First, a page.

Dallas' success led to a spin-off series (which, oddly enough, had been conceived first! Dallas was built from the backstory of the character of Gary Ewing) called Knots Landing (1979-1993.) This is why its conception came so quickly and easily on the heels of Dallas. The show had already been developed to a certain point. This hooty shot is from the 1982-'83 season.
Falcon Crest (1981-1990) was nestled in to a time slot directly after Dallas, which made for a nice one-two punch on Friday nights. Jane Wyman won the role of iron-willed matriarch Angela Channing after Barbara Stanwyck declined the part. (Babs made a a return to TV in 1985 with the prime-time soap The Colbys, but soon regretted it, departing after one season.) In Falcon Crest's pilot, Clu Gulager and Samantha Eggar played the roles that ultimately went to Robert Foxworth and Susan Sullivan.

Another staggering success during this period was Dynasty (1981-1989), which upped the ante on glitz and glamour. The shot below is from the 1982-'83 season.
This one from 1983-'84 shows off Joan Collins' new, shorter hair and evidence of the stiff and "stately" posing that the actors were encouraged to do in order to suggest a high class demeanor.
This 1985 shot confronts us with the sadly deteriorating Rock Hudson, the fullback shoulder pads of Linda Evans and a necklace that Ali MacGraw kept on hand in case a ping pong tournament suddenly broke out!
As these warhorses were running out of steam, a new type of soap was coming along, though I didn't watch it myself.  Beverly Hills 90210, a youth-oriented series, ran from 1990-2000. (This early cast shot doesn't even include Luke Perry! Or Tori Spelling, for that matter...)
A follow-up series that spun off from 90210 was the successful Melrose Place (1992-1999.)
But you've all probably seen these photos time and again. Next, I will put forth some prime-time soaps that failed to catch on. These pictures are even more interesting when you consider that the casts should have attracted an audience, but didn't... A huge flop in 1975 was the Upstairs, Downstairs (1971-1975) rip-off Beacon Hill. Today's Downton Abbey-loving viewers might have nibbled at it a bit more, but it limped along for only 13 episodes before being cancelled.

The upper class players are shown above, while here we see the servants gathered together.
In 1980, NBC tried to get in on the game (CBS and ABC were enjoying great success) with Flamingo Road, but it just never made it the way others had.  It was cancelled by 1982.
At the start of 1983, NBC tried to launch Bare Essence, which had first seen life several months before as a successful miniseries on CBS. The series (with several key roles recast - i.e. no Linda Evans, Donna Mills or Lee Grant!) couldn't make it beyond 11 episodes. (And I'm sorry about the shoddy quality of this photo, but I couldn't find a decent-sized, clean group shot!)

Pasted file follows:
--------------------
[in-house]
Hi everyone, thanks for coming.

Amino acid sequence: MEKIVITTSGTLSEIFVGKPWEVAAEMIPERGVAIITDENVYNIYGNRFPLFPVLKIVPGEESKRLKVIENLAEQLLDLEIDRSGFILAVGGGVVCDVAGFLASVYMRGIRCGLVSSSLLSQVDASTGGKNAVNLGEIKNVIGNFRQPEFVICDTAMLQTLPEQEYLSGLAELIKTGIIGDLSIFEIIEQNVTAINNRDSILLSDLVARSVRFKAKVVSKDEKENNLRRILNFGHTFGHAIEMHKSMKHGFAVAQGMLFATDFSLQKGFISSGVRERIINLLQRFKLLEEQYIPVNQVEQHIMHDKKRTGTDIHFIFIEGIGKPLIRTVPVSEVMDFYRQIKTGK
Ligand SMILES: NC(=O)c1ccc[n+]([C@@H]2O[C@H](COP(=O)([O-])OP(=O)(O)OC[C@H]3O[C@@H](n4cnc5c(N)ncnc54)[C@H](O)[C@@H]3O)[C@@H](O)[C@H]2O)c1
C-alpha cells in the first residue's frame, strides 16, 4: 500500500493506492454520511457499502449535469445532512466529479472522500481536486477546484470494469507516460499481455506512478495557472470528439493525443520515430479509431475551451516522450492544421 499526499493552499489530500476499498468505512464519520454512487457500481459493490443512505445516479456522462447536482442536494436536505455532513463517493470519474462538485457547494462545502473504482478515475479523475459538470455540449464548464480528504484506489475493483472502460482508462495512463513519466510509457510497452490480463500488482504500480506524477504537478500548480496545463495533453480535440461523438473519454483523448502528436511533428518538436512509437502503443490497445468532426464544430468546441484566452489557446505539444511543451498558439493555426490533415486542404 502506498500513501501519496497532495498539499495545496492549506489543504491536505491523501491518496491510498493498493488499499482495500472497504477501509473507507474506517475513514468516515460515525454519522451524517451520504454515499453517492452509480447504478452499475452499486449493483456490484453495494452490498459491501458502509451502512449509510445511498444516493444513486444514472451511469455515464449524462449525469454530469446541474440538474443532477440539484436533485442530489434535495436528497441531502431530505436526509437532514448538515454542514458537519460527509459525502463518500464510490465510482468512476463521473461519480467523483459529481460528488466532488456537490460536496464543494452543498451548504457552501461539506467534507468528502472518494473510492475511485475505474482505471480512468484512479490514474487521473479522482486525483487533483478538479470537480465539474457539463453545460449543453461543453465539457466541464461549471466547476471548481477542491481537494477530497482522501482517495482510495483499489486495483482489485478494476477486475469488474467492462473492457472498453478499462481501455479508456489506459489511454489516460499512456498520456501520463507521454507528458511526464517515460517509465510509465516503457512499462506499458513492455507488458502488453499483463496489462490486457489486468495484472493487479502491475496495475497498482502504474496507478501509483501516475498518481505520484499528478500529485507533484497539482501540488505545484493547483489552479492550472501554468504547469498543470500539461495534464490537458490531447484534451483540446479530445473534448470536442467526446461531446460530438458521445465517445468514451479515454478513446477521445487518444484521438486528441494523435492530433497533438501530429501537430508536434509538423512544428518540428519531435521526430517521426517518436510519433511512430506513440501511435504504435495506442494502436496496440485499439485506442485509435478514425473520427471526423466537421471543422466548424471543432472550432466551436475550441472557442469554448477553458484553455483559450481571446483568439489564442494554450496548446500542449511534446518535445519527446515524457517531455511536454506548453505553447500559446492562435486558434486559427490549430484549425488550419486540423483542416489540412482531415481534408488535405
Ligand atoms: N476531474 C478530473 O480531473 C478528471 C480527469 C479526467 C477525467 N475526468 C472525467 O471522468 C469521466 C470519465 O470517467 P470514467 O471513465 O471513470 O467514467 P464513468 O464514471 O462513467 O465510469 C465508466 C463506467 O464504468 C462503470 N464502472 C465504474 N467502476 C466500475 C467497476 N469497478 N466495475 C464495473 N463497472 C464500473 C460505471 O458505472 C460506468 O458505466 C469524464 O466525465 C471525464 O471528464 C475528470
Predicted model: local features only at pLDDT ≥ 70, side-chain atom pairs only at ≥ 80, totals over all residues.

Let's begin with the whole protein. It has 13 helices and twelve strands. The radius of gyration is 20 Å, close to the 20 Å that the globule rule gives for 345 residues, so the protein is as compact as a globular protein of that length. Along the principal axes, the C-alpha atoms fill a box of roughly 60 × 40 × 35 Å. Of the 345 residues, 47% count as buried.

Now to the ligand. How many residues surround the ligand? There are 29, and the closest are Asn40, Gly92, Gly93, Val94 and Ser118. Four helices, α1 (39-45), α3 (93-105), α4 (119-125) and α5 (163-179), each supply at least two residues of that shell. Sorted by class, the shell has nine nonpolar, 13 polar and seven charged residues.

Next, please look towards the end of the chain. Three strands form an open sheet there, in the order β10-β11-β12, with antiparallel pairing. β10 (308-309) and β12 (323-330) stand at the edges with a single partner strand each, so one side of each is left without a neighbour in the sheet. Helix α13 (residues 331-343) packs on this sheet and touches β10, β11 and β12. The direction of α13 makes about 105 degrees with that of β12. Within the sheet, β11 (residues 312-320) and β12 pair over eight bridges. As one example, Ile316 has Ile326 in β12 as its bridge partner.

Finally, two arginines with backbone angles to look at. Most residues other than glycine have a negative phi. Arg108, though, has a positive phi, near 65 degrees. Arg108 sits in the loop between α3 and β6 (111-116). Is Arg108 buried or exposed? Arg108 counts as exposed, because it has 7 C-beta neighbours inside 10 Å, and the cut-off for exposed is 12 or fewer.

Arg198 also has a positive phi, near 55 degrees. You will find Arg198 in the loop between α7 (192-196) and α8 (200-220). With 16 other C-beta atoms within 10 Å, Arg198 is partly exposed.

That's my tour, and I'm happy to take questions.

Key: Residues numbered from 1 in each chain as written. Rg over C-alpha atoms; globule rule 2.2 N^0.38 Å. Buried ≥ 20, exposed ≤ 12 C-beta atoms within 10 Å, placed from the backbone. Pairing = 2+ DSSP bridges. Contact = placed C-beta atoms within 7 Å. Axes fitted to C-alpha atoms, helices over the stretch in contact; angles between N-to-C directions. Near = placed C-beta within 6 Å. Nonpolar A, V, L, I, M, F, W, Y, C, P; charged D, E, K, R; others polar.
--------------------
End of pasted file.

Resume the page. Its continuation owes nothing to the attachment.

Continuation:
They tried once more in 1983 with a western-set soap called The Yellow Rose. Despite its promising cast of actors, it was off the air after 22 episodes.
Still, CBS wasn't without failure either. In 1983 they launched Emerald Point N.A.S., with the promise of some handsome naval hunks like Charles Frank and Andrews Stevens and it tanked! Like Yellow Rose, it lasted for only 22 episodes.
And ABC had its own problems with Paper Dolls (1984), an ultra-glitzy examination of the modeling world. It limped along for 14 episodes before its demise...
Yet another failed attempt by NBC at a prime-time soap was Berrenger's in 1985. Centering on a high-end department store and the family who ran it, the show was yanked after 11 episodes had aired. (Do check out Yvette Mimieux's hair! And how could anything with Ben Murphy not succeed?  Jeesh!)
The network's last ditch effort to establish a prime-time soap came in 1991 when they re-envisioned a daytime favorite with a vast cult following.  Dark Shadows came and went in just a couple of months with a dozen episodes broadcast. Today's vampire-loving TV viewers might have sunk their teeth into this, but at the time, few people were biting...
Today's series still use promotional shots like these, often better, naturally, but I like the old fashioned ones (surprised?) Nevertheless, Modern Family (a contemporary show that I do watch) seems to have a lot of fun with their group photos. So I leave you with these and hope that you enjoyed this meditation on still photos!


angelman66 said...

I love those still full-cast assemblies, too! A great round-up you've presented!!

One of my personal fetishes are those big anniversary photos that the studios used to do - MGM's 25th anniversary luncheon with all the stars in heaven posing together...the That's Entertainment 1974 grouping...the Oscars do it too, most notably for the 70th and 75th anniversaries--the old stars mixing with the new. Vanity Fair often does this type of thing too, and it always gets me excited, I don't know why!

Poseidon3 said...

I'm right there with you, angelman! I'll never forget when the Oscars did that first "Oscar's Family Album" and panned through the massive collection of stars up on stage, showing their name. That appeals to my "thing" about opening credits of TV shows that depict the stars (and sometimes guest stars.) Thanks much! :-)

BloggerJoe said...

I remembered all of these shows. When I was growing up, we didn't have cable in the rural area I lived in, so I learned about the shows by reading TV Guide.

Gingerguy said...

A pretty great posting and channeling "Laura Mars" for "Charley's Angels" made my inner 13 year old a little light headed.

Poseidon3 said...

Ha Ha! Thank God someone got it!!!

Basil said...

I got the Laura Mars reference right away. lol

Great post (and great blog). I loved the TV Guide fall preview edition, back when they had it in print. Loved it when I was a kid. And I am not ashamed to admit, that I watched most of those failed night time soaps from the 80's. Paper Dolls and Emerald point were my favourite.